Enable Automatic Login in Ubuntu 9.10 Server

Ubuntu makes it easy to enable automatic login if you’re using a login manager such as GDM. I was recently setting up a minimal Ubuntu 9.10 system with an LXDE desktop and no GDM. Here’s how I enabled automatic login.

Note: This was tested on Ubuntu 9.10. Previous versions of Ubuntu require different procedures because of changes to the way Ubuntu boots.

Open /etc/init/tty1.conf as root:

sudo nano /etc/init/tty1.conf

Change the last line of this file to (where USERNAME is the username of the user you want to log in):

exec /bin/login -f USERNAME < /dev/tty1 > /dev/tty1 2>&1

Reboot, and the user you chose should be logged in automatically after boot. If something goes wrong, you can switch to a different TTY with CTRL+ALT+F2 and log in normally.

If you want this user to be logged into a graphical environment instead of just a shell, there’s more work to be done. Open your user’s .bashrc file:

nano ~/.bashrc

Add the following to the end of the file:

if [ $(tty) == "/dev/tty1" ]; then

This code will start X (the graphical environment) whenever the user logs in on TTY1. You can add more code after startx that will be executed if the user logs out of X.

Archived Comments


I do $sudo crontab -e

@reboot startx


very good!

thanx ;)

I used to install ubuntu minimal + lxde + your tip!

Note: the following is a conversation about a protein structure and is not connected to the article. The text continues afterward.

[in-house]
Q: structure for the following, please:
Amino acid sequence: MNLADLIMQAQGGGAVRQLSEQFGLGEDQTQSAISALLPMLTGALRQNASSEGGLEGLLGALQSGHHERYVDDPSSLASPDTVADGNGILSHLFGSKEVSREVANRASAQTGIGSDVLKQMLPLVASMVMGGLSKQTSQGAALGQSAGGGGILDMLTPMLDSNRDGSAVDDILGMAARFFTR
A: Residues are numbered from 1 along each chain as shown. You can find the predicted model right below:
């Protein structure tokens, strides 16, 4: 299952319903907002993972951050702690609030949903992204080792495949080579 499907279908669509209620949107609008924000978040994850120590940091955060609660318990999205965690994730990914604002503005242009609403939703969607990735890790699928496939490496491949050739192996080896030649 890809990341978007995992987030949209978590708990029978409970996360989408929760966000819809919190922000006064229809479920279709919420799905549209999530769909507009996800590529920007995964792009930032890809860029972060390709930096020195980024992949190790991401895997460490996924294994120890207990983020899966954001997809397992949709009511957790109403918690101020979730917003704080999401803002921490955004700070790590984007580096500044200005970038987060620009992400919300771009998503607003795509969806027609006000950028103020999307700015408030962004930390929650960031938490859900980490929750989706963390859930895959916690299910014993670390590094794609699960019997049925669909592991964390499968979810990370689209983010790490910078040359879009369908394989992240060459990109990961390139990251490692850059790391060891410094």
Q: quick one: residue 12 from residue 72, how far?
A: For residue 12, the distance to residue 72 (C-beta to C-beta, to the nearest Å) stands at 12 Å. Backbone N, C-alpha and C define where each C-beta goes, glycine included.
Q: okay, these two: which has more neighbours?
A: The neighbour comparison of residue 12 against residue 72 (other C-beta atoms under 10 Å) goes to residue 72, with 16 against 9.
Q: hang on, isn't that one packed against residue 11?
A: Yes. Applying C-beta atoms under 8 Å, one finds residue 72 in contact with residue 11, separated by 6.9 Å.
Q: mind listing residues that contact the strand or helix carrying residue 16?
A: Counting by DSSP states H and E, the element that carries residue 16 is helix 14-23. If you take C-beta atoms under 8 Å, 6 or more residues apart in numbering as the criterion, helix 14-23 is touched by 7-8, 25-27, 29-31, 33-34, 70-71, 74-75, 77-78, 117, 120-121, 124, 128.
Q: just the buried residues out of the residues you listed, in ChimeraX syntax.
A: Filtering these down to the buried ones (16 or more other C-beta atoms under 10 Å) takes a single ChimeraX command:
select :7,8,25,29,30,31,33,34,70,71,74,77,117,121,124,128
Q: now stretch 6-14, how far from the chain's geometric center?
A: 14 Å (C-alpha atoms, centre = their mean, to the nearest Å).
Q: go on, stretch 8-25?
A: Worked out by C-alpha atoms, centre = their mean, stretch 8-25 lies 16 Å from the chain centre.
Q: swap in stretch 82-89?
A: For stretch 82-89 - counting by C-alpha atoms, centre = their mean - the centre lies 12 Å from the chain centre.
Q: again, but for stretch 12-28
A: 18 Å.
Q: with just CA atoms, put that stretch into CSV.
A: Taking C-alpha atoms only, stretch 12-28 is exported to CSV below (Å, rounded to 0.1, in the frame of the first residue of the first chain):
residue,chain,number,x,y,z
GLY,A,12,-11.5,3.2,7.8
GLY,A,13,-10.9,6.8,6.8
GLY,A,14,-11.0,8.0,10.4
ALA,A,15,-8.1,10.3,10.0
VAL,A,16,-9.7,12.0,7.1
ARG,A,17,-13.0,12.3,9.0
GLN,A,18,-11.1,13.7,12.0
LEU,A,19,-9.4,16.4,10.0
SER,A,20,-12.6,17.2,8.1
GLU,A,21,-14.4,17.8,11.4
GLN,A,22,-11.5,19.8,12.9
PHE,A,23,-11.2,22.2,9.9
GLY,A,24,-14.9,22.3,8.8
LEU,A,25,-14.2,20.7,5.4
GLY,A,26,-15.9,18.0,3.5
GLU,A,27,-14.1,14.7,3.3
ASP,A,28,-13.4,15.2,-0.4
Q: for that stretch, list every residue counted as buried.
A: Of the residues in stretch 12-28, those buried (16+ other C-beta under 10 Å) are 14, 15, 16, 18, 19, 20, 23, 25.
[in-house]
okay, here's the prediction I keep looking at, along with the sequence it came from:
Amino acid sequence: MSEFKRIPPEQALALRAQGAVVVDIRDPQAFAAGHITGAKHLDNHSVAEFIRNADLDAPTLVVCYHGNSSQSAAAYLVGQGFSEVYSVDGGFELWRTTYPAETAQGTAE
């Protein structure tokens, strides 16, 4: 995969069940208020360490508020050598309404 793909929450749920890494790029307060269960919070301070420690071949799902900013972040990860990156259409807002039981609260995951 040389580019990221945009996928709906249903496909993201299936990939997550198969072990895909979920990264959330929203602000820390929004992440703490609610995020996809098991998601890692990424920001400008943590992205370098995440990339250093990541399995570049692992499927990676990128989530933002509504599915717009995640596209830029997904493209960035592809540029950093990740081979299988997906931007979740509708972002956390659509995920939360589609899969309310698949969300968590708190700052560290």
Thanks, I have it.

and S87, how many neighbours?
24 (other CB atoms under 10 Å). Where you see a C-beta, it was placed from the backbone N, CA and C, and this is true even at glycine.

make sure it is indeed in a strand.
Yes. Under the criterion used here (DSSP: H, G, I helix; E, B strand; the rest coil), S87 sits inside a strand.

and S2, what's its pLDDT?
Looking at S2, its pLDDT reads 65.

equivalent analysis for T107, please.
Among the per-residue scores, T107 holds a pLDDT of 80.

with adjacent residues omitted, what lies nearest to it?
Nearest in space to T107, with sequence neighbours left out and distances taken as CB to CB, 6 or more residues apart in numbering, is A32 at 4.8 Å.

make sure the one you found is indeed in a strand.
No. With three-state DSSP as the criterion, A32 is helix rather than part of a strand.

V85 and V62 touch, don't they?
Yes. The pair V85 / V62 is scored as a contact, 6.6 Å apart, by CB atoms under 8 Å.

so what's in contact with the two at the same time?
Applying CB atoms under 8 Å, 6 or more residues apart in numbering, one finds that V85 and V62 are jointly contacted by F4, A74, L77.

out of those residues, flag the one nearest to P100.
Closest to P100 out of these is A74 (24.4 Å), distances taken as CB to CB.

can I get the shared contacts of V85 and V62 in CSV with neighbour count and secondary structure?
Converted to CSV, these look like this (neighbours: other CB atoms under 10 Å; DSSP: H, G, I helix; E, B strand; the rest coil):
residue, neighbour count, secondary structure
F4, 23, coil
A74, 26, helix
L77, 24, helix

nice ….


I can’t see why you would want this function on a server…
Or it should be locked away, very good ;)


I appreciate all of your information. I have found white noise helpful in my insomnia issues.


This works, but on my Xubuntu 9.10, it killed sound for my user. I could use sound as root. Normal fixes for the symptoms didn’t work, so had to undo again :( Sound came back for my user.


Thank you for the tip.

If’ve tried this on Ubuntu Server 8.04 and it works. Only the configuration files change:

- tty1 file: /etc/event.d/tty1
- profile file: ~/.profile

Bob L.

I’ve tried several other things and finally:

this works on Ubuntu i386 9.10.



Thanks! I have tried to find something like this for 2h!
It works great!


Works perfectly on 10.04 as well! Could uninstall all that gdm/gnome stuff.

But; “You can add more code after startx that will be executed if the user logs out of X.” How do you implement a solution that mimicks the log out/restart x/log in again, of login manager. I don’t use it that often but it can come in handy sometimes.
“if [ $(tty) == “/dev/tty1” ]; then
Should more commands go after the startx or after the fi ?


Tom2 saying hi to Tom and thanks for the tip :^)

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